“It builds character!”
Ever heard that before? Coming from a missionary family, I sure did.
Difficult events “build character.”
But they don’t. Not always. And not even with any kind of regularity.
Difficult events can build character, but it doesn’t mean they will.
I have loved rock tumblers since I was a kid. My grandfather Hollas Evans was a serious lapidary enthusiast. Thanks to him, I even subscribed to the Lapidary Journal as a kid and enjoyed reading the articles. Now it appears to be some sort of silly jewelry-making DIY mag, but back then it was some heady stuff.
I also subscribed to Science News, which was also rather entertaining.
But I digress.
I mention rock tumbling, because it is a good example of a stressful process which leads to beautiful results. If you tumble chunks of snowflake obsidian, jasper, amethyst or turquoise, you usually end up with something beautiful.
But if you put limestone or sandstone in a rock tumbler, you don’t get a beautiful polished stone at the end of the tumbling process. You get ugly, crumbled bits or, at the very best, an ugly object with the edges knocked smooth.
A rock hound might say, charitably, that the results of your tumbling experiments “lacked character.”
So – does this mean anything when applied to humans?
It could mean that what is beneath the surface is revealed in times of stress.
As Christ says in Luke 6:45:
“A good man out of the good treasure of his heart bringeth forth that which is good; and an evil man out of the evil treasure of his heart bringeth forth that which is evil: for of the abundance of the heart his mouth speaketh.”
A good application of this verse is to never completely trust someone who brags of evil. Such as the guy who talks about how he put one over on a previous business partner, or mentions that it would be really easy to steal from a particular store. Sometimes it is a thought experiment, sure, but you can tell what is in the heart. The difficulty is that there is both good and evil in every man’s heart. You must know this and give some forgiveness to minor sin, knowing that no one is perfect, while at the same time trying to determine the daily actions of an individual to know whether he is generally worthy of trust.
President John F. Kennedy said:
“A man does what he must – in spite of personal consequences, in spite of obstacles and dangers and pressures – and that is the basis of all human morality.”
No, it isn’t. It may be noble to press on in the face of obstacles and dangers and pressures and the rick of personal consequences, but it certainly isn’t moral in and of itself. And it is no basis for morality.
The execrable Aleister Crowley wrote “Do what thou wilt shall be the whole of the Law.”
This is literally Satanic, as is JFK’s quote. The basis of morality is not Man himself. We are all crumbly chunks of limestone and sandstone unless transformed by the fire of the Holy Spirit. There is nothing innate in us worthy of polishing unless it is first granted by God.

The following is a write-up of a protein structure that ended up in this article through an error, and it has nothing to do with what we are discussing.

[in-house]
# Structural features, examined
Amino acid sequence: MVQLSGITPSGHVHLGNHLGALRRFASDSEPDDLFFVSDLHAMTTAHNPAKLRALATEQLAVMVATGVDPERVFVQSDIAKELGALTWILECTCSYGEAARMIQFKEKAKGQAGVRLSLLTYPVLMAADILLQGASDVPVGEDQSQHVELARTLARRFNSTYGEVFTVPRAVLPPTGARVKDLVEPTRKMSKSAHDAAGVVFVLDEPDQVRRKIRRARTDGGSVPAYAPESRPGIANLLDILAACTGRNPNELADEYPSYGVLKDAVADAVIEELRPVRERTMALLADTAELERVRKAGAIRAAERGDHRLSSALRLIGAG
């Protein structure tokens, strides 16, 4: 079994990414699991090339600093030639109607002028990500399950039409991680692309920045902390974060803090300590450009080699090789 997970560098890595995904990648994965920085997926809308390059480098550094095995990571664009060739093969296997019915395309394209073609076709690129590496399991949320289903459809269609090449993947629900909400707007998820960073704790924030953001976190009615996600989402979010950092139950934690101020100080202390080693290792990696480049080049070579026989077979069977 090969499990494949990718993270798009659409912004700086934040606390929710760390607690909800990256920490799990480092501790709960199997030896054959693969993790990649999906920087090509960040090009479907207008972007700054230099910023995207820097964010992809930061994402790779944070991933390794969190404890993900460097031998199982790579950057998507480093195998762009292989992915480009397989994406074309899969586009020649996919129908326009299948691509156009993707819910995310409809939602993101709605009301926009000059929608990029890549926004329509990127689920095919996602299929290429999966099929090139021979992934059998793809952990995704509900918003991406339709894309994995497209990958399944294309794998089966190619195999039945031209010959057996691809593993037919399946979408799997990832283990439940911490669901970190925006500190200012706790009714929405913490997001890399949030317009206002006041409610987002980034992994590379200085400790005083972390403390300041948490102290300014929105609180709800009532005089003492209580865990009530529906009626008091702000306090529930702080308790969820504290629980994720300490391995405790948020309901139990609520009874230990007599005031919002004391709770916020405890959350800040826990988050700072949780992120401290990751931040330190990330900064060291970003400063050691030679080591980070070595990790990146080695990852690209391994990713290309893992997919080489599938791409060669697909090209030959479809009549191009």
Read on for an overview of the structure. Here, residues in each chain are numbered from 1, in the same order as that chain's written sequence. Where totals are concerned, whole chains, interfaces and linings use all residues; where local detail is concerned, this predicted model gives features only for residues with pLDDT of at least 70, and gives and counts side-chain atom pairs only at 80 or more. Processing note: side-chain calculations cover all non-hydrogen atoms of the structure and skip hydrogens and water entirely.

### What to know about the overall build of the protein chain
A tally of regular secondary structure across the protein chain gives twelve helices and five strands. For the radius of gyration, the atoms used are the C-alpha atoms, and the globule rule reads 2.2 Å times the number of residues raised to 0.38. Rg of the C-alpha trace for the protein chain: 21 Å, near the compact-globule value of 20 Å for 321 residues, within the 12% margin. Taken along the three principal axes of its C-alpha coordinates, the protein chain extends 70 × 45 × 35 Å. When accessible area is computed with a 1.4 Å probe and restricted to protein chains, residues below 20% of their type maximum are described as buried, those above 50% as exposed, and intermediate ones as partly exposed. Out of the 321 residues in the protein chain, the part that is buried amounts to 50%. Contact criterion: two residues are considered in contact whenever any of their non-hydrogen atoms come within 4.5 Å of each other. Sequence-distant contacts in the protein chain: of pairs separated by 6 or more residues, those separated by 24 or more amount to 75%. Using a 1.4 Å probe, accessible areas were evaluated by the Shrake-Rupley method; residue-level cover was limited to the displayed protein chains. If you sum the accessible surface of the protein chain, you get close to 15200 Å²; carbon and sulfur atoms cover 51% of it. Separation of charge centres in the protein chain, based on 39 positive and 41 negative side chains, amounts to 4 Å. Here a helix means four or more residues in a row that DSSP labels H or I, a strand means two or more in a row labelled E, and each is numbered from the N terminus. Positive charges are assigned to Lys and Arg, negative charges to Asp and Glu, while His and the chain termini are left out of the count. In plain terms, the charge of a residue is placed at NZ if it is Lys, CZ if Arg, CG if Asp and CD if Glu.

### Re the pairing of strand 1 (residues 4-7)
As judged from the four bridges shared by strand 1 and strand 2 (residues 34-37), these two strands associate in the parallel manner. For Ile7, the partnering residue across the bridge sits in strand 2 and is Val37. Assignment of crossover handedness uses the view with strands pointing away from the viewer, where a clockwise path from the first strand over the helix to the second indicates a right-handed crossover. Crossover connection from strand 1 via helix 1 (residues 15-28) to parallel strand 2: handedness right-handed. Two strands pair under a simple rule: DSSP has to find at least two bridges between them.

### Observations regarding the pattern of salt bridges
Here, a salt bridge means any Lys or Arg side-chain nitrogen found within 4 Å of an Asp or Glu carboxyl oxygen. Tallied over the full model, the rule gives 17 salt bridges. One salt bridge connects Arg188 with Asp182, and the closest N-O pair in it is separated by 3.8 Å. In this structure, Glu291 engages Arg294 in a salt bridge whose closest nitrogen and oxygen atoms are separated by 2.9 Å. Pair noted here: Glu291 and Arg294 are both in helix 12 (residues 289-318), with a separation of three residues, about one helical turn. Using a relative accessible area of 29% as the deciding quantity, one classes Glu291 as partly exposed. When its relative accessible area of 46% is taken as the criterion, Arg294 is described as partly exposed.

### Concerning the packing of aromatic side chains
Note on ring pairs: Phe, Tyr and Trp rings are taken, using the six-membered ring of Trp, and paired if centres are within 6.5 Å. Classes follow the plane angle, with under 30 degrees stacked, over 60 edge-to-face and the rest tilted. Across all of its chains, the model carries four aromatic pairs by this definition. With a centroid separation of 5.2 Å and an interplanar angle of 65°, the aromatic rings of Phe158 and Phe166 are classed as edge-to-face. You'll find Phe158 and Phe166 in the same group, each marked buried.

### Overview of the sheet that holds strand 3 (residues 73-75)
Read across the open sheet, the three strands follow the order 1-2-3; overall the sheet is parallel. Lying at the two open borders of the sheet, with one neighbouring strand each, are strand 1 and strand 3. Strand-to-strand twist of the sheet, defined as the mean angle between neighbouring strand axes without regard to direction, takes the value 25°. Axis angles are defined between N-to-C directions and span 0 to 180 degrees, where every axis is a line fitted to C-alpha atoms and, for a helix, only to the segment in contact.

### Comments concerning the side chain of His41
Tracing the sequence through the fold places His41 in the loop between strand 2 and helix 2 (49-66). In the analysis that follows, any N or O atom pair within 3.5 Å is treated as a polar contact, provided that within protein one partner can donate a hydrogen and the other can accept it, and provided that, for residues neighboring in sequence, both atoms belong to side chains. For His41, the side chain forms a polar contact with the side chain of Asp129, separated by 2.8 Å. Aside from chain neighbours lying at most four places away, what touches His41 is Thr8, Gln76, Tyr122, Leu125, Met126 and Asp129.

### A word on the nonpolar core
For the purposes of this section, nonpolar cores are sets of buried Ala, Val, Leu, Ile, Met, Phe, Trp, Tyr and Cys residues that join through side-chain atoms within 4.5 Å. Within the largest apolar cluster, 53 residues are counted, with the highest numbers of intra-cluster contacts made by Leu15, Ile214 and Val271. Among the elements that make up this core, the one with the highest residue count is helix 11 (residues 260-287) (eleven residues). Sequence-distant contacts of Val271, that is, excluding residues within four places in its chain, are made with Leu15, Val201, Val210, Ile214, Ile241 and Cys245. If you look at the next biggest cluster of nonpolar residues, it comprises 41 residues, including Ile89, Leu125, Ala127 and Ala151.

So it is NOT just the case of people being beautiful inside and stress bringing out their innate, perfect, lovely, amazing, super-special humanness. No.
There must first be something worthy of polishing, and we don’t get that on our own. We are evil from conception.
But once there is that underlying stone which is worthy of polishing – a firm foundation, so to speak – then stress can indeed bring out beauty in an individual. My mother is an example of this. She had serious flaws in her life as a young woman – as do all of us – but grew through stresses most of us cannot imagine, into a woman who is thoughtful, loving, patient, kind, long-suffering, and a wonderful grandmother to her grandchildren.
Other women of her age still act like selfish teenagers, toodling around in RVs, still listening to crap 60s music while harassing people that don’t wear facemasks or who take their kids to the park during the current scamdemic.
Stresses need to occur on something worthy of polish or polishing will not occur. Some people shoot themselves when under stress. Others drink. Yet others eat.
The stress process doesn’t bring out beauty in these cases. And the analogy of stone-polishing fails here, as unlike stones, we do have some choice as to how we respond to pressure.
If you binge-eat when stress occurs, you end up fatter and uglier than before. If you instead pour yourself into fasting and prayer and Bible-reading, you will emerge from the process more healthy both spiritually and physically.
You have to tumble with the tumbler, so to speak.
The last few years have been a time of interesting personal stresses. It has been a time of great discoveries and joy, and great frustrations and loss. We added two new children to the family, while losing a child to miscarriage and losing Dad in a car accident. We learned to be a minority in a foreign nation and we learned which people were true friends and which were not. We learned to lose our fear of alien situations, building our own houses, dealing with paperwork and having a baby with minimal help.
I have many more gray hairs than when I started, but I pray I’ve tumbled well. It has been a heckuva ride, living in the jungle, eating weird food, leading a terrifying life filled with pyromania and terrible endotoxins…
…and now it’s out of the frying pan and into the fire, as we head back to a country that is spinning out of control.
Or tumbling, I suppose you could say.
If you’re stressed, stay in the Word. It’s a huge help and will help you roll with the tumbler. And remember – no one gets out alive, including the wicked. In a strange way, I find that quite comforting.